Devie Mohan is a fintech industry advisor and analyst. She is co-founder and CEO of Burnmark, a fintech research company, a contributor to the ING group Think Forward Initiative, and sits on the Editorial Board for the Journal of Digital Banking. In 2019 she was included in the Financial Times' list of the 100 most influential BAME leaders in technology.
Through Nurole, Devie was recently appointed as a Lay Court Member at Edinburgh Napier University.
What first attracted you to taking on non executive roles in education?
I’ve been involved in the fintech space for a long time and around 2016, the conversation shifted to understanding why some people are not able to find a space in the fintech world – because of gender disparity or economic background.
One of the things I found very interesting was there were very few women or girls picking up STEM (science, technology, engineering, maths) subjects in school and college. This was the opposite experience I had growing up in India, where STEM is such a big part of our curriculum. I think I started learning the basics of programming when I was eight or nine.
But in the UK, a lot of the girls were not picking STEM subjects at school – because they didn’t have the confidence or they were conscious that they would be outnumbered in schools with boys. So this was affecting girls getting into STEM, in universities and then in the job market.
I started volunteering with an organisation called Speakers for Schools, to go around the country to speak about my experience in fintech, what it means, and to talk about girls in that space. And then I took on a board role with a school quite close to where I am in London, the Wilmington Academy, again, with the view of ensuring the curriculum supports women and girls who want to get into STEM. So that's how it started. But I still feel that education is a major gap in terms of getting the right kind of diversity into fintech.
Do you find that your non-profit roles present different challenges to your professional career?
It’s definitely a different way of working, a different approach and a different pace. But I think that's the beauty of it – I don’t see those things as challenges.
My only advice to people who think of it as a challenge would be to think of the reason why you're doing it in the first place. And if you know why you're doing it, and what problem you're trying to solve, then you definitely feel like you're making a contribution.
What drew you to the Edinburgh Napier role in particular?
Nurole has been absolutely fantastic in guiding me towards roles in education. This one stood out because I was familiar with the university and I always felt it tries to do interesting things. Because it has a vocational background, the courses are very much designed around the real world, with a very practical focus.
After the conversation with the team there, I felt they have a genuine interest in moving towards a tech-based curriculum, and that was quite exciting to me, because I think fintech can be a huge focus for the UK, especially moving forward post Brexit.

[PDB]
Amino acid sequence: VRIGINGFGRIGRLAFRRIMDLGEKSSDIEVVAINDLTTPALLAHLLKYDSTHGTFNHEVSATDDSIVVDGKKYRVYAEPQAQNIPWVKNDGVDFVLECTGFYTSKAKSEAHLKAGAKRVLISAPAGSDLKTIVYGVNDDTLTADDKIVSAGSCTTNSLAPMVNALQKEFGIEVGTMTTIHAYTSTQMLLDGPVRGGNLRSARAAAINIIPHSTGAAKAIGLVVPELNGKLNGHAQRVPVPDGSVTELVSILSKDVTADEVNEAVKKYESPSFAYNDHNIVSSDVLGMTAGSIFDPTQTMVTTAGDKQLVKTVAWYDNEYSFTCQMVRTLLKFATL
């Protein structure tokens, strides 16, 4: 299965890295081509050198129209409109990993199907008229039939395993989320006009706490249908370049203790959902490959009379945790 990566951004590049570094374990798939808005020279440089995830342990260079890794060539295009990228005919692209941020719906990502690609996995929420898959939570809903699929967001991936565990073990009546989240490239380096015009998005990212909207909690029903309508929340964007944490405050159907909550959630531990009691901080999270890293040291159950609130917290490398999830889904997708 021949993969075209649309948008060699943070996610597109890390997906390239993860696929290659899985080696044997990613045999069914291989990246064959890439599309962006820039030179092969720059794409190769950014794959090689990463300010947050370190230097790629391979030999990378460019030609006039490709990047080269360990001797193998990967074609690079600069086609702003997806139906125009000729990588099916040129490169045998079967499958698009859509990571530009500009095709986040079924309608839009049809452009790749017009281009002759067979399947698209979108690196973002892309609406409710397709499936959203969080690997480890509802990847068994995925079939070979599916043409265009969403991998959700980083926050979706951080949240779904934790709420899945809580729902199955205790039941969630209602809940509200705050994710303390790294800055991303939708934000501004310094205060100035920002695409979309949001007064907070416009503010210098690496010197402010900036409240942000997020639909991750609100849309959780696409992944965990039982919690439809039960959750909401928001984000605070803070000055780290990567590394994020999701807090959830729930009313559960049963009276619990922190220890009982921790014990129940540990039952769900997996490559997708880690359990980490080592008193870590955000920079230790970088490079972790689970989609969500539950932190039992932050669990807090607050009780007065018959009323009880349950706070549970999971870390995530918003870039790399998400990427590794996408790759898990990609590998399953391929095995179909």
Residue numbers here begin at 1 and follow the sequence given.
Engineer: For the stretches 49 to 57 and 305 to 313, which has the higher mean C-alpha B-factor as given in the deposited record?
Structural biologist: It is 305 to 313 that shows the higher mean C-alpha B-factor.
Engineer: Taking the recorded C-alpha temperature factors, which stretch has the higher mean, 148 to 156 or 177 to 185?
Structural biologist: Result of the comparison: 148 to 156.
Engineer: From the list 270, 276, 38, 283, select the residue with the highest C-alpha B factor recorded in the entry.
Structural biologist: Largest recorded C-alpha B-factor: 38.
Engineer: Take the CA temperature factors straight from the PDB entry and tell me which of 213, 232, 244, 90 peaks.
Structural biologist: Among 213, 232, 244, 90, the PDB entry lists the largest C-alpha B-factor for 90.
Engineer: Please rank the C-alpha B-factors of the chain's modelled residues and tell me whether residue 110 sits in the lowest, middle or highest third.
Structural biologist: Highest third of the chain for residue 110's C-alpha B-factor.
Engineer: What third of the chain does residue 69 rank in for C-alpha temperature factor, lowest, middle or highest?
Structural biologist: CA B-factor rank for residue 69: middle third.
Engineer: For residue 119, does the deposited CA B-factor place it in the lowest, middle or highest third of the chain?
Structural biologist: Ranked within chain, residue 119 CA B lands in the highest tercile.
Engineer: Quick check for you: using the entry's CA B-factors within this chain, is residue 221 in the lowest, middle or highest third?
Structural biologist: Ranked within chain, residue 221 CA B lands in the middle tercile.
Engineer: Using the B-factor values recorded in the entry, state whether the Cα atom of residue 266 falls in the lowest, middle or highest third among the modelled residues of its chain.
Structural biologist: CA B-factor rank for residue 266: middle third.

You joined in the midst of COVID-19, at one of the toughest times for higher education imaginable. How was that experience?
That’s part of what makes the role so interesting. It’s the same for every traditional industry in the world – travel, leisure, retail, banking. In the last year every organisation has had to look at its strategy and find ways to move forward digitally.
So this is probably the most exciting time for me as a digital evangelist, and that gives me a great opportunity to contribute. It's only been a few months since I joined, but I think we've already had three discussions on strategy and branding. Being on that cusp of change is so exciting.
Has Covid accelerated changes that would have happened anyway in universities, or has it created new models?
The data is not clear on that yet, but my argument would be it's both. There are things we were moving towards already, but there are completely new opportunities as well. From a university point of view, we are looking at whole courses being created, new forms of training being introduced.
You see it in schools too. For example, Harrow launched a new website, a completely different entity, to offer online schooling for students not able to come to the UK. Several universities have tried to do that as well.
Are there things that you learn in your education roles that feed back into your business?
I would say the biggest benefactor is me personally, rather than the commercial side of my business. Being exposed to different people, different challenges and different ideas is absolutely valuable.
How can we ensure that more diverse people join boards, in the education sector and beyond?
I feel like I have a voice with my books, and my blogging and my social media activities. But there are people who are so much more talented than me who don't have that voice, or don't use that voice. How do we find this talent, and bring them in? How do we ensure that we've searched far enough to find those candidates? I think that's where we need a lot more work.
We need to go beyond the obvious, and start looking for candidates from unexpected roles, and backgrounds, and other industries, who can bring value to the board.
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